On Sunday, Southern Baptist leader Paige Patterson spoke out to address his position on domestic violence after old comments he made regarding counseling women in abusive marriages circulated on social media over the weekend.
Patterson, the president of Southwestern Baptist Theological Seminary (SWBTS) and a key player in the Conservative Resurgence of America’s largest denomination, said that his past statements—discouraging women from divorcing in cases of abuse and celebrating the faith of a woman whose prayers led her to be hit by her husband—had been misrepresented and mischaracterized.
He clarified both instances in an SWBTS press release, adding that he has “never counseled or condoned abuse of any kind” and that “any physical or sexual abuse of anyone should be reported immediately to the appropriate authorities, as I have always done.”
Patterson said he has advised and helped women to leave abusive husbands, but stood by his commitment to never recommend divorce: “How could I as a minister of the gospel? The Bible makes clear the way in which God views divorce.”
Among Patterson’s remarks being shared on Twitter is an audio clip said to be from a conference in 2000, where he was asked about cases where a woman is being asked to submit to an abusive husband. In the recording, he says separation should be reserved for only “the most serious of cases” and divorce is “always wrong counsel.”
Overall, American pastors are more likely to condone divorce in cases of domestic violence than for other commonly cited reasons for ending a marriage. Though almost half of American evangelicals (46%) say divorce due to abuse is sinful, just over a quarter of evangelical pastors (29%) agree, according to a 2015 survey by LifeWay Research.
And even pastors in that minority may still recommend it. “It could be that people think divorce in cases of abuse is still a sin, even though it may be the best option,” then-LifeWay Research executive director Ed Stetzer (now executive director of Wheaton College’s Billy Graham Center and a CT blogger) told CT.
In another survey released last year, a majority of pastors (59%) told LifeWay Research if a member of their congregation filed for divorce due to domestic violence, they’d be inclined to “believe divorce may be the best decision.” About as many (60%) said they would “investigate whether domestic violence is really present.” (Lutheran, Methodist, and Presbyterian/Reformed pastors were more likely than Baptist and Pentecostal pastors to believe such claims.)
Justin Holcomb, coauthor of Is It My Fault? Hope and Healing for Those Suffering Domestic Violence, remarked that “a zero-tolerance stance” that does not allow for divorce in cases of abuse misapplies pastors’ high regard for marriage. Among evangelical pastors, 55 percent believe divorce may be the best response to domestic violence, while only 4 percent believe a couple should never divorce even if domestic violence is present.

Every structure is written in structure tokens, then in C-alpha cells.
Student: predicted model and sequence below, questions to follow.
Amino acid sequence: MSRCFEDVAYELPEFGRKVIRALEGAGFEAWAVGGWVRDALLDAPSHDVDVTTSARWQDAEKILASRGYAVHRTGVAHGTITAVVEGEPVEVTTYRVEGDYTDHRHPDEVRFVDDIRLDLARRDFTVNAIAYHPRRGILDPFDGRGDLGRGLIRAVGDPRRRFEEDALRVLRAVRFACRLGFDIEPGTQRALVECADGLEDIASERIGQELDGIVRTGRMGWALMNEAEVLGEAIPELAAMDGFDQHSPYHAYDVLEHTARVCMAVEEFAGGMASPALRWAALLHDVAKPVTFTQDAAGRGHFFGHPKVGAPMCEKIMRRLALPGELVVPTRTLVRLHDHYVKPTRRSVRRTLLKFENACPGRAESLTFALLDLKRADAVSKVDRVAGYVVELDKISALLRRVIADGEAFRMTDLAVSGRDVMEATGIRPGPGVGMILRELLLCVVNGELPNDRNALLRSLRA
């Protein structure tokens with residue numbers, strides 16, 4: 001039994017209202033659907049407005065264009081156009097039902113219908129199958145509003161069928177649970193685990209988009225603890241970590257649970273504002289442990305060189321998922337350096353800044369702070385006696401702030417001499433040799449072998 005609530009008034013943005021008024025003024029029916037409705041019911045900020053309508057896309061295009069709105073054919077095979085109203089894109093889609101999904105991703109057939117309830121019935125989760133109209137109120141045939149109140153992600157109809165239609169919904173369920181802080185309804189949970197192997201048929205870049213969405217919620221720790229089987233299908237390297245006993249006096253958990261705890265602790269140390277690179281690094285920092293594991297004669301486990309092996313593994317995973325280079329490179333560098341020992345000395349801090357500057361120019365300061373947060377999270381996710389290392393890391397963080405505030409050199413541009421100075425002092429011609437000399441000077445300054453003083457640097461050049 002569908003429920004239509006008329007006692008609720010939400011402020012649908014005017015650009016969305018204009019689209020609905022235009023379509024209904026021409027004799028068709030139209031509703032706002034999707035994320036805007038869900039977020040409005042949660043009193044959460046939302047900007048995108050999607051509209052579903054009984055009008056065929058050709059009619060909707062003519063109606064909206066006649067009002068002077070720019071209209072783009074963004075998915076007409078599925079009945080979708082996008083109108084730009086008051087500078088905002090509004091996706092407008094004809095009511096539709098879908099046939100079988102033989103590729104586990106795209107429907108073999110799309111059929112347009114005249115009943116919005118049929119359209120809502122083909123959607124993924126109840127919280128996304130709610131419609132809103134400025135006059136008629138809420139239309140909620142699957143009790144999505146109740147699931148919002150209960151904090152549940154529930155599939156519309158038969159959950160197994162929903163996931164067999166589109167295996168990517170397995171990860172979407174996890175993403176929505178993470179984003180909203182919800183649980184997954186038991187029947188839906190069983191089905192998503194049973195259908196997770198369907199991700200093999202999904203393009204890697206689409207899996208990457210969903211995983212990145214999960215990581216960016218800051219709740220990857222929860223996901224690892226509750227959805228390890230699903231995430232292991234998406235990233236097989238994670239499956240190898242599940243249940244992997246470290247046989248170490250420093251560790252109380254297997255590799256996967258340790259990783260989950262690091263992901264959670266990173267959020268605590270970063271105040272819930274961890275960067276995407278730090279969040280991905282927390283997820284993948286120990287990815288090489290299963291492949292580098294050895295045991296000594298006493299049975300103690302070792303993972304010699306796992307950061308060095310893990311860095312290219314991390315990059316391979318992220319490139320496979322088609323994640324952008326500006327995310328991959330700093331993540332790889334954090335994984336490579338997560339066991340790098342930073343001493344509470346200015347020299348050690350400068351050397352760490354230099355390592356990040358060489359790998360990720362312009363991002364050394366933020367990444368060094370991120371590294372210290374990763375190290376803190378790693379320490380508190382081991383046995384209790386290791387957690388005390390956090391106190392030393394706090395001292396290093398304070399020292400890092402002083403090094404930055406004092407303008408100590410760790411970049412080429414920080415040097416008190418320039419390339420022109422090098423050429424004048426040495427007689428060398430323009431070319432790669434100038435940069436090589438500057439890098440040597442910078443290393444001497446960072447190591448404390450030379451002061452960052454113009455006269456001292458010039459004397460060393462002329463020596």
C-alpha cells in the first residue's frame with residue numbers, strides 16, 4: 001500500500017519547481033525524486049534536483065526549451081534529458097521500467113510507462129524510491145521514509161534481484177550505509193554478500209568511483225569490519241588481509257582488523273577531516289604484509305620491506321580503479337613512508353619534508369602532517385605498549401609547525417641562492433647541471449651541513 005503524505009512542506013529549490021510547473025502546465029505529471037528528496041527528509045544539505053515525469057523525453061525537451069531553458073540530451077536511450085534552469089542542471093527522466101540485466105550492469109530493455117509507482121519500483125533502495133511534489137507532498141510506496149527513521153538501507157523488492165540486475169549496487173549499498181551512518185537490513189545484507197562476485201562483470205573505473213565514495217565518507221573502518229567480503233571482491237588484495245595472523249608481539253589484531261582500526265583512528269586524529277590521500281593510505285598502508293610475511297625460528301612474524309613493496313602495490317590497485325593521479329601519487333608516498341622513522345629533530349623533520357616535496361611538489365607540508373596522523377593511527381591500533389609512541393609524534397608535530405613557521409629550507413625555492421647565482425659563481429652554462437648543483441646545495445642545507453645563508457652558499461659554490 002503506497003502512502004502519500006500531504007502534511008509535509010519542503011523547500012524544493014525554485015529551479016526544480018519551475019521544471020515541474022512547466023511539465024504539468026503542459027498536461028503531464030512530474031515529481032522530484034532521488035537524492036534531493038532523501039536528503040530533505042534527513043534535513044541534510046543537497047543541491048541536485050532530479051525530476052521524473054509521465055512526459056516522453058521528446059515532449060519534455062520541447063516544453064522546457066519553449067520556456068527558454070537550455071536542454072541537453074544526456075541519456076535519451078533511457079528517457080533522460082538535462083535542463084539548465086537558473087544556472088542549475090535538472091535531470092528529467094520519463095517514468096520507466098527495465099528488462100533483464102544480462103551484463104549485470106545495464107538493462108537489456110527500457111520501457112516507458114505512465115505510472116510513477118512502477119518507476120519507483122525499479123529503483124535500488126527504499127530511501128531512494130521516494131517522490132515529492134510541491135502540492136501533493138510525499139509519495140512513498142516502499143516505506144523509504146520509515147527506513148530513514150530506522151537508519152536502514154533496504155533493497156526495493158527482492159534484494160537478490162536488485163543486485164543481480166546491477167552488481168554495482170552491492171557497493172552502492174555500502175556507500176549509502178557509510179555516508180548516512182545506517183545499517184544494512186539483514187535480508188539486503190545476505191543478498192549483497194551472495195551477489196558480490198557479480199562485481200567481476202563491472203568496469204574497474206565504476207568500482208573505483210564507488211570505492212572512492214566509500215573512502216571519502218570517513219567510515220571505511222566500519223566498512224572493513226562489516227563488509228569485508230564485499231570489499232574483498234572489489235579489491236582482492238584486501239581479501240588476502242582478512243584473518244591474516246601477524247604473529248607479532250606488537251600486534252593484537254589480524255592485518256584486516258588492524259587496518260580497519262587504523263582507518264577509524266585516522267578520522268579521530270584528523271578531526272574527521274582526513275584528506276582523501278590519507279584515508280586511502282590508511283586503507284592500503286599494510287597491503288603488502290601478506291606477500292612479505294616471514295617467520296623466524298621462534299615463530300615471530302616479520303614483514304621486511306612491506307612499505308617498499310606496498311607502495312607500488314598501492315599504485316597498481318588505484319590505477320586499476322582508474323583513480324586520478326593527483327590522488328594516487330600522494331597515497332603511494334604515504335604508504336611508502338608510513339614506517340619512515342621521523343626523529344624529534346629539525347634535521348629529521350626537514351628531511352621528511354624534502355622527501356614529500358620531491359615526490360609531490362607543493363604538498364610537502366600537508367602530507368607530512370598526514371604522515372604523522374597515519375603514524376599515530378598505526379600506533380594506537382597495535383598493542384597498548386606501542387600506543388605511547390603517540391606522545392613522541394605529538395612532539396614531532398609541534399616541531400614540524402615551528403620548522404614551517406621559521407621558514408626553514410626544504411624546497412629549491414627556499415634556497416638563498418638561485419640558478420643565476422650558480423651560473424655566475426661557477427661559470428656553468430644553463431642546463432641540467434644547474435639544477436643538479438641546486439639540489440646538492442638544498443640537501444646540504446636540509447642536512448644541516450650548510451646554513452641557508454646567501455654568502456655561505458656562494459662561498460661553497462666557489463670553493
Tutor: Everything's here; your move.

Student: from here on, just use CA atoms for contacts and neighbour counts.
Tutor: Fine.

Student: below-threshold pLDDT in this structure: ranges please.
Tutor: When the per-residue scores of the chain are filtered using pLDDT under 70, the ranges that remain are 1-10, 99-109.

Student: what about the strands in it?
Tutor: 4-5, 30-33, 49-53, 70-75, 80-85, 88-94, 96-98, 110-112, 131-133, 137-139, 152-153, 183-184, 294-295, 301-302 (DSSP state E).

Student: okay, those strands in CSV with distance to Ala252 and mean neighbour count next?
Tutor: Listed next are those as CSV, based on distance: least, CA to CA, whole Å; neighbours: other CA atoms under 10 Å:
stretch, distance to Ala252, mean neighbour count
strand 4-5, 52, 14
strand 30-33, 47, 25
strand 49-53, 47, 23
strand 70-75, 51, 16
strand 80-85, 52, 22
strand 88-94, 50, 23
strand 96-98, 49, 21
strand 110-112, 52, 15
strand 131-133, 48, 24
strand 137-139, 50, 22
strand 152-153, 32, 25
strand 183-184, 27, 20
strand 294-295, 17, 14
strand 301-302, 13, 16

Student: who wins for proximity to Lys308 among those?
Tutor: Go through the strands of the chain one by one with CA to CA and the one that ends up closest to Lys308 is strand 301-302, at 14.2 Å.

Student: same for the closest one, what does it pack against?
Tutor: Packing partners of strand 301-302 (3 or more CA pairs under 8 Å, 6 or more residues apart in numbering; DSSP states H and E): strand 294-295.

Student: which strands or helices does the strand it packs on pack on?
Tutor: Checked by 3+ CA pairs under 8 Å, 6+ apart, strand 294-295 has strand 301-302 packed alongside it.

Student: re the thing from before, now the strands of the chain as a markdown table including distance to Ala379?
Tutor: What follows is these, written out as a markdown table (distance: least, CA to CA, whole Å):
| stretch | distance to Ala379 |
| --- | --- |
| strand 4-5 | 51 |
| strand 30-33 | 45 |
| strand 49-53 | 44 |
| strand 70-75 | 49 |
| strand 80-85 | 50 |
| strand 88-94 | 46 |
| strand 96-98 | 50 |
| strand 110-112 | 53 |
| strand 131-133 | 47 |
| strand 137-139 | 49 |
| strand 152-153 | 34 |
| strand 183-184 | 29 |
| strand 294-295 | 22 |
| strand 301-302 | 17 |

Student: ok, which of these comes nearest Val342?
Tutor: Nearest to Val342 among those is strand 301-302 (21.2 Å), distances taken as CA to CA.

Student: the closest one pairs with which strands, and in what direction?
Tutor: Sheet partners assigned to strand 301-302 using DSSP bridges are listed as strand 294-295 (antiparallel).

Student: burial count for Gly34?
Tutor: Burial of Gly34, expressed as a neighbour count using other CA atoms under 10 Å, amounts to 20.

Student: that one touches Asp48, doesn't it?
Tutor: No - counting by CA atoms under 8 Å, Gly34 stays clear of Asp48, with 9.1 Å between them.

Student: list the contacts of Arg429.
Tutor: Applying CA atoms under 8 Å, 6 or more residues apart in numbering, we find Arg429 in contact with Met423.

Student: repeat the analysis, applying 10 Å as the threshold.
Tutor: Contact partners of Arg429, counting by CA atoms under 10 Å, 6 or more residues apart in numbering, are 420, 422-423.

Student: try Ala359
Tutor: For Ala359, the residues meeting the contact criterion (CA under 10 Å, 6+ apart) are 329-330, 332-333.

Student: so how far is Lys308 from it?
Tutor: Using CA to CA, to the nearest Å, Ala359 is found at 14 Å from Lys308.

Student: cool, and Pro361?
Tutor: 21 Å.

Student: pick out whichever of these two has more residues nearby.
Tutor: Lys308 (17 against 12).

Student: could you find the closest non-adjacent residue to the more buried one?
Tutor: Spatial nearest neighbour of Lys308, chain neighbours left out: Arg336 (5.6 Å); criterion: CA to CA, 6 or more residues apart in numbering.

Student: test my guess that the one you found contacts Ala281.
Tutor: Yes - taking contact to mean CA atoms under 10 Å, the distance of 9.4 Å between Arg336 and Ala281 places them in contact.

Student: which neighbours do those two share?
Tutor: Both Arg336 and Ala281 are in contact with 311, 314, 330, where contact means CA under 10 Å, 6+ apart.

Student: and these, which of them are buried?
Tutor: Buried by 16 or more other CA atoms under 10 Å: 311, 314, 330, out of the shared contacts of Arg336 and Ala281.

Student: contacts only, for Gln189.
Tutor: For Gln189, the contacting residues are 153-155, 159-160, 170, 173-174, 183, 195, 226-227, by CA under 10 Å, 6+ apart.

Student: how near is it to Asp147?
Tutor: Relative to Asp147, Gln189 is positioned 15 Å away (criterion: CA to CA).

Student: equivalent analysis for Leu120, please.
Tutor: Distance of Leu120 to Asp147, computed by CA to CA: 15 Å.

In another survey, 40 percent of pastors told LifeWay that at least one couple in their congregation divorced or separated over the previous year. Meanwhile, among churchgoers who have divorced, only 48 percent said they had sought help from their lead pastor, while 31 percent sought help from no one at church.
Overall, 2 in 5 evangelical pastors reported in the survey that they knew a church member who experienced domestic violence in the past three years. (Almost half said they didn’t know if anyone in their congregation has experienced such abuse.)
Both candidates for Southern Baptist Convention president—Ken Hemphill and J. D. Greear, a protégé of Patterson—recently responded to questions about the church’s treatment of abuse in interviews with Baptist Press. Greear advocated for addressing abuse in teaching (it currently rarely comes up in sermons) and encouraged higher standards for transparency and accountability among pastors.
Last month, the complementarian Council on Biblical Manhood and Womanhood (CBMW) affirmed a statement that—among other points—established that “abuse is not only a sin but is also a crime.”
Former CBMW president Owen Strachan previously wrote for CT about why Christian wives should seek out police—and then their pastors—in the case of abuse. “When churches teach otherwise, they not only fail to provide psychological and emotional care, they also fail theologically,” he said. “Divine vengeance cries out to be exercised against evil. We must not restrain what God has loosed.”
Patterson, whose wife is a CBMW council member, said he agreed with the points made in its March 12 abuse statement, which does not address divorce or marital separation in the case of abuse.
It does state that “the church must offer tender concern and care for the abused and must help the abused to find hope and healing through the gospel,” as well as “we believe abusers need to confess their crimes both to civil and church authorities, to repent of their sin, and to trust in Jesus Christ alone for salvation and forgiveness from their sin.”
In Patterson’s press release, he addressed one of the scenarios brought up by detractors. He described a woman who prayed for her husband to attend church and suffered physical abuse but also saw her prayers answered.
“My suggestion was never that women should stay in the midst of abuse, hoping their husbands would eventually come to Christ,” he said. “Rather, I was making the application that God often uses difficult things that happen to us to produce ultimate good. And I will preach that truth until I die.”